Wednesday, 12 January 2011

Signs, signs. Not everywhere a sign.

Boyd Building Jumbotron
I don't feel too badly for the Boyd Building owners and the city's decision to have them remove their sign. Actually, even using the term 'sign' is a misnomer. It's a stadium-sized television on which to sell and display ads !

Portage Avenue, St. James ca. 1967 (source)

Genser's Funriture 2
Portage Avenue ca.1950s

I'm not an anti-sign guy. Actually, I think that signs can make a streetscape look busy and fun. Here and on my travels I am constantly looking out for great signs and I wish Winnipeg that would actually loosen up a bit on restrictions to allow for more creativity and street overhangs.

The 'jumbotron' is another thing all together.

I remember that the Aspertron (can we still call it that ?) and APTN sign had restrictions regarding their content. They could promo or show what their owners had to share, not provide general advertising space.

Aside from the whole size and permit issue with the Boyd sign, they also went ahead and rented the space to advertisers. Add the two together and, hey, what business wouldn't want to make a few bucks by hanging out a permit-free television screen to advertise to passing motorists ? Forget those black signs with the neon letters !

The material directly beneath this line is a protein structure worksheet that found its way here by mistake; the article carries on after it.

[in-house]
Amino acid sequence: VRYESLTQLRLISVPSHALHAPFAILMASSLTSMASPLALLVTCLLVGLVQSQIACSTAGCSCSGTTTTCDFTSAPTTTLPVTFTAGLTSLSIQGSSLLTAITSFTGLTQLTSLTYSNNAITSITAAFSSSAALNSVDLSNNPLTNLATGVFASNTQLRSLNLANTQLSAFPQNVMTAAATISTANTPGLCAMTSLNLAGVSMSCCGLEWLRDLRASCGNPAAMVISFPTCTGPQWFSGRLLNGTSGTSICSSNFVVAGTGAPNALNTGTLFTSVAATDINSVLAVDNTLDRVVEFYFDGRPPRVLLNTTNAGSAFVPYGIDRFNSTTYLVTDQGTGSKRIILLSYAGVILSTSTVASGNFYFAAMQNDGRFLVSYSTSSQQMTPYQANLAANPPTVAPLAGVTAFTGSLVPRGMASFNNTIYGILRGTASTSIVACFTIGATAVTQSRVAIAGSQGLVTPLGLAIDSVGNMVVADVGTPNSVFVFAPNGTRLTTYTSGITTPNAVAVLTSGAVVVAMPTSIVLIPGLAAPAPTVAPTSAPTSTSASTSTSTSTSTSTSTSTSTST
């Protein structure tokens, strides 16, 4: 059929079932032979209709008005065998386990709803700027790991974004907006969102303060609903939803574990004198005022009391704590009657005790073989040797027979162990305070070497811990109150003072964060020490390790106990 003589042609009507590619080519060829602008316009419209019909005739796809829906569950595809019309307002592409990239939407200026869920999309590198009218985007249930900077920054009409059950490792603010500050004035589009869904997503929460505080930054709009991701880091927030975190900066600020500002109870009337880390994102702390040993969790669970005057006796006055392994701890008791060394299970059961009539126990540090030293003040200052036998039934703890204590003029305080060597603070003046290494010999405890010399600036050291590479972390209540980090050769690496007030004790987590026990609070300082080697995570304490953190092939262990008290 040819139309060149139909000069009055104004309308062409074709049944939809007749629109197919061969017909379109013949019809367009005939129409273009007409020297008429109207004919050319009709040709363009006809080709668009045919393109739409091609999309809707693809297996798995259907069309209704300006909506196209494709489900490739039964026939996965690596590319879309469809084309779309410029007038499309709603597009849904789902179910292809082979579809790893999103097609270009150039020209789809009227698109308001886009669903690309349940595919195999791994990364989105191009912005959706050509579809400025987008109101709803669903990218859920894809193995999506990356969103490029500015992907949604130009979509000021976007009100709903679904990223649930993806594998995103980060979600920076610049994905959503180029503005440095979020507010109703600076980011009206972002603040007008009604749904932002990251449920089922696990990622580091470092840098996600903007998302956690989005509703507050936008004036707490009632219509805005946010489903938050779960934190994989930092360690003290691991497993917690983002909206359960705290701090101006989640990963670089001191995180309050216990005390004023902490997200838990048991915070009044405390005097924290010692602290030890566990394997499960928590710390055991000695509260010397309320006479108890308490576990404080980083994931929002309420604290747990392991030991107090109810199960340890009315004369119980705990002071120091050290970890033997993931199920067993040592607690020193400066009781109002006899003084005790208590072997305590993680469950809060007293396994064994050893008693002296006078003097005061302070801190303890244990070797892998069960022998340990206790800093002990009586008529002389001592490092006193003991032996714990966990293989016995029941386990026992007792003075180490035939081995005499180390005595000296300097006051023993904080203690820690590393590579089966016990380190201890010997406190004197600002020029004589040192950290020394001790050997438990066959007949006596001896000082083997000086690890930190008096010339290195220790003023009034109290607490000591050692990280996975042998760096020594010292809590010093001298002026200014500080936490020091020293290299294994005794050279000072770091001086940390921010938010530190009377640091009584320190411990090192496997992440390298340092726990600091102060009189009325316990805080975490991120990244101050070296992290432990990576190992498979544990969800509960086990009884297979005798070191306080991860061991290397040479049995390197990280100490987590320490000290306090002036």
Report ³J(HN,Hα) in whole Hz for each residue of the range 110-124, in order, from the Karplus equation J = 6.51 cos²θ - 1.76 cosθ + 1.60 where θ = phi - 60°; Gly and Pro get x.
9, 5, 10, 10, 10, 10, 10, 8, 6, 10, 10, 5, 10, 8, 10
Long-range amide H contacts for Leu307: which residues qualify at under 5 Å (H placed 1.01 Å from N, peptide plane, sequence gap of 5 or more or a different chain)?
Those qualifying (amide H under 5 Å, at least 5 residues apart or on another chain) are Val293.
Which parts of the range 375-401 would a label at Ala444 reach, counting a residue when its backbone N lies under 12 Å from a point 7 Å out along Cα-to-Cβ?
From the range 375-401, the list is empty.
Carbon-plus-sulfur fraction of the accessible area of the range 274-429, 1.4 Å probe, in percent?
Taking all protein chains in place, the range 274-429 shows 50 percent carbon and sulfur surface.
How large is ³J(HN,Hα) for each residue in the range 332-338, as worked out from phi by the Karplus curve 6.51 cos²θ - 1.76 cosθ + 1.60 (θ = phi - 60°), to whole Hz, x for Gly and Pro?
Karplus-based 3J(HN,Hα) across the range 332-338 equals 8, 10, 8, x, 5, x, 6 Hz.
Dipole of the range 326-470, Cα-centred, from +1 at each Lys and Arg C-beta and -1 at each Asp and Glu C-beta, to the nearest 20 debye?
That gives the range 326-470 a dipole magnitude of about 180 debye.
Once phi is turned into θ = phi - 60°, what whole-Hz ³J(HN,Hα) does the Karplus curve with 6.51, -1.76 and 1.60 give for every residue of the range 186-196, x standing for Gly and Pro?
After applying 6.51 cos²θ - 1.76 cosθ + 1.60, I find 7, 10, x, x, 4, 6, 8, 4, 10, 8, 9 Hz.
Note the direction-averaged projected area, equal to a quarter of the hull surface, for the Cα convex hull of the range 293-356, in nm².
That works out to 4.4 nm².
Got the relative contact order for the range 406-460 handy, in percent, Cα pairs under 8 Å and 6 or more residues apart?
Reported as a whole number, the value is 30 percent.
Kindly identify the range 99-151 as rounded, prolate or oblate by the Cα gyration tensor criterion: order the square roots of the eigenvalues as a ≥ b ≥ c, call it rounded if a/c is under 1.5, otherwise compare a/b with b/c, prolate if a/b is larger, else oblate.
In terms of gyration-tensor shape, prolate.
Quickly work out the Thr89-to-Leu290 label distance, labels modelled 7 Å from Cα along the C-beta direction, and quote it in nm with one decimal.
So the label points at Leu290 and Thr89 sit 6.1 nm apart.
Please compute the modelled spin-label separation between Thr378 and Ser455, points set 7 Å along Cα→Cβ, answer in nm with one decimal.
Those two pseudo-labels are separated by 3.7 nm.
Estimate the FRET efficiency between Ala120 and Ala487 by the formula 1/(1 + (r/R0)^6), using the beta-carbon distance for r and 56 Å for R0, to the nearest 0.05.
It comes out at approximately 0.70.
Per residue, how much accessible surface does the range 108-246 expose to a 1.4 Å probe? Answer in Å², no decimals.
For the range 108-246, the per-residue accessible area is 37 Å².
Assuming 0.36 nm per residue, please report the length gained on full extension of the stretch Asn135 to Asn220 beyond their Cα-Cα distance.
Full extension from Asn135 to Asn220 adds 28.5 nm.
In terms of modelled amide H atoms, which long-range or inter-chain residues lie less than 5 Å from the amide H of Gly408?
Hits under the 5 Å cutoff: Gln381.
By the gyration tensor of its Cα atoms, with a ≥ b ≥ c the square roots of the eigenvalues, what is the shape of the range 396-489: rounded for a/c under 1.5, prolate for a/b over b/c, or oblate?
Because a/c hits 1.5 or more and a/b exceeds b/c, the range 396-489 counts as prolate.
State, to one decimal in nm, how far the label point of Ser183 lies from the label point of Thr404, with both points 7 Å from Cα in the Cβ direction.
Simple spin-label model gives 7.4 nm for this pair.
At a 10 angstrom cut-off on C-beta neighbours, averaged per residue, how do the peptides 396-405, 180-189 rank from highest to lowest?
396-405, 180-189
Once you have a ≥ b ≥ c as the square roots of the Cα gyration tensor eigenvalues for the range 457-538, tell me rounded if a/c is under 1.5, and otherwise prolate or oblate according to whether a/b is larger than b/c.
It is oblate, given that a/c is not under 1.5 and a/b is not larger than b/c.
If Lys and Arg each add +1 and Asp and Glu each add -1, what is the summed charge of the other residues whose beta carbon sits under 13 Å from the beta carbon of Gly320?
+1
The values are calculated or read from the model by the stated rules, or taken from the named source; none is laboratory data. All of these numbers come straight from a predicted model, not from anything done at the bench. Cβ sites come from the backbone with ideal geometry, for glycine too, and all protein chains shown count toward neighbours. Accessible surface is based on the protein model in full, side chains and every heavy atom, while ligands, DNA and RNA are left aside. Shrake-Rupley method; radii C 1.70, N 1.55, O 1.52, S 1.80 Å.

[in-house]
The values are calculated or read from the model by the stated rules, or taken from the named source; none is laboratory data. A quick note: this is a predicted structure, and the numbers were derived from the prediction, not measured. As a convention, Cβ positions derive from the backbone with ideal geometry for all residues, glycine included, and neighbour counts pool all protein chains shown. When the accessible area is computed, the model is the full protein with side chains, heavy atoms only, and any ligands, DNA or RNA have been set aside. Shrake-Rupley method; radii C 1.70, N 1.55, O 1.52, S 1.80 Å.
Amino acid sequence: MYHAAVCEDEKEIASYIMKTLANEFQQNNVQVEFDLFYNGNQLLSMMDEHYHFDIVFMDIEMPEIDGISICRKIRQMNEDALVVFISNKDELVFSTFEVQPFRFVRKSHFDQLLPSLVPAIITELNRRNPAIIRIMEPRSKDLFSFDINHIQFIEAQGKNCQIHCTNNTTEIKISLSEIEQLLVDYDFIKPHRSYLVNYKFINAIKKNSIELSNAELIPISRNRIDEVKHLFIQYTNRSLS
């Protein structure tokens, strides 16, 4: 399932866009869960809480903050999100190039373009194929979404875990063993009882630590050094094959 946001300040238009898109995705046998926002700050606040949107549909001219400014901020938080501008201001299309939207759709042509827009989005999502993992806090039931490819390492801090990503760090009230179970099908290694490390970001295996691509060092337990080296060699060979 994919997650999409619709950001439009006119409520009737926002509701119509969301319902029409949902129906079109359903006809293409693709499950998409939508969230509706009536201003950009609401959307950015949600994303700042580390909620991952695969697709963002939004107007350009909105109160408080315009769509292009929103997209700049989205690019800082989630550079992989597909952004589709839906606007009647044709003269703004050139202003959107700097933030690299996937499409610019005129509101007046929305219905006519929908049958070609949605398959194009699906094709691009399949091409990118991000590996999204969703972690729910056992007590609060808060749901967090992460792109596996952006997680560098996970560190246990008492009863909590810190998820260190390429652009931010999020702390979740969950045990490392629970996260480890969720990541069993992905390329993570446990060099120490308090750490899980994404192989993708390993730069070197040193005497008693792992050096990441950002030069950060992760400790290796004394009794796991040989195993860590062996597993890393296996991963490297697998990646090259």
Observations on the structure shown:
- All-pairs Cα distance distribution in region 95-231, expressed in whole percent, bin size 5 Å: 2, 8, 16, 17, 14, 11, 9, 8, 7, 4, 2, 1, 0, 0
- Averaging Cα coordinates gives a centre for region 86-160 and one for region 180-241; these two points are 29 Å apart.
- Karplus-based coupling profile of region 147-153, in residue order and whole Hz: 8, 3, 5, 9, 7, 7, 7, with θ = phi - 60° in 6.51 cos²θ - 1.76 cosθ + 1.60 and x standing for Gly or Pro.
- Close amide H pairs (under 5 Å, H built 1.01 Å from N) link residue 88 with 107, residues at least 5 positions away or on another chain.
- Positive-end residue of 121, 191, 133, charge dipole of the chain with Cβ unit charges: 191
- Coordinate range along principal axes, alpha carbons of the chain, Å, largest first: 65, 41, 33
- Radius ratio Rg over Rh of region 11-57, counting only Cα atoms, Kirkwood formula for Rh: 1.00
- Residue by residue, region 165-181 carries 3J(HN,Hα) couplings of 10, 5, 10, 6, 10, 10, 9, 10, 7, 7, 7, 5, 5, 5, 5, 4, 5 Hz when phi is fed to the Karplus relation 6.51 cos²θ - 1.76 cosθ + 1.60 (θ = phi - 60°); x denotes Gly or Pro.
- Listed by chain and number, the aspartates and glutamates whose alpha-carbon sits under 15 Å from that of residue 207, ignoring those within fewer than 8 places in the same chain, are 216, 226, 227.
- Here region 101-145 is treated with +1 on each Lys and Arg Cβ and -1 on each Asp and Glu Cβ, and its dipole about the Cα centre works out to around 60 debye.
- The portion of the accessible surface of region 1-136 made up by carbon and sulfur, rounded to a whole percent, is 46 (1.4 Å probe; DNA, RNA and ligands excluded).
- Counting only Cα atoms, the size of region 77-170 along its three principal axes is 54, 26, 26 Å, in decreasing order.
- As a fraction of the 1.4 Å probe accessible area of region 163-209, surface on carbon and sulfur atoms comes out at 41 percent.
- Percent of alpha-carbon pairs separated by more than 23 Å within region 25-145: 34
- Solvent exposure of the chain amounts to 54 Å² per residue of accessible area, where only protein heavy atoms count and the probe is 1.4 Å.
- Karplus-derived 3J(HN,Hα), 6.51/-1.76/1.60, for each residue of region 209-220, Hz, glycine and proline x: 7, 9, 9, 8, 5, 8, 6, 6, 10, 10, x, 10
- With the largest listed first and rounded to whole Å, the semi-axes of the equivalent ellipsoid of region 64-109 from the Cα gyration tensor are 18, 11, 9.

I'm sure that the city permit route was a frustrating and painful one. Still, it's pretty hard to sneak by a 12 x 8 jumbotron and figure it wouldn't be noticed.

Portage Avenue
Soooo ... not sure what you were thinking but good on the city for standing firm. While you're at it, for good measure, bring back the jellybeans to your empty lot while you're waiting to build your parkade !

Boyd Building Spanking John Dobbin
Some building-hung signs from my travels:

The Mount
Downtown Winnipeg
Gladstone Manitoba
Del's Electric, Princess St
The Pal
Austin Texas - South Congress
Neepawa, Manitoba
Starland Theatre
Olympia Cafe Sign
Camden Market
Brandon Downtown
Oriental Theatre, Chicago
Happy Days in Rivers !
Camden Market
Glenboro Manitoba


Fat Arse said...

The pulse and cadence of a changing city can always be measured by its public signage. Examples provided here are a joy to behold... thanks-be-to-whatever-deity works there were no banal 7-11 "signs" included in this post! Thank-you.

One Man Committee said...

The Boyd Building's landlords didn't follow the rules and deserve whatever they get from the City. But that said, it's time to reconsider Winnipeg's restrictive approach to signage.

Like most cities, Winnipeg went too far back in the 1950s and 1960s trying to stamp out signage. I guess the clean and sleek look was in at the time and while it certainly has its place (a Miesian building would look weird festooned with signs), the fact is that for sheer vitality it's hard to beat a street with lots and lots of bright signs.

The worst thing about Winnipeg's anti-sign mindset is that the uglier signs out there (like the black hunks of plywood with changeable day-glo letters, or jumbotrons) proliferate while the nicer ones are a no-go.

Even the photo of Portage Avenue you posted looks like a more appealing place with the presence of signs. There's just something so epic about an array of colourful signs... I'll take more of this, please. http://www.flickr.com/photos/sarahconnollyphotography/1448250408/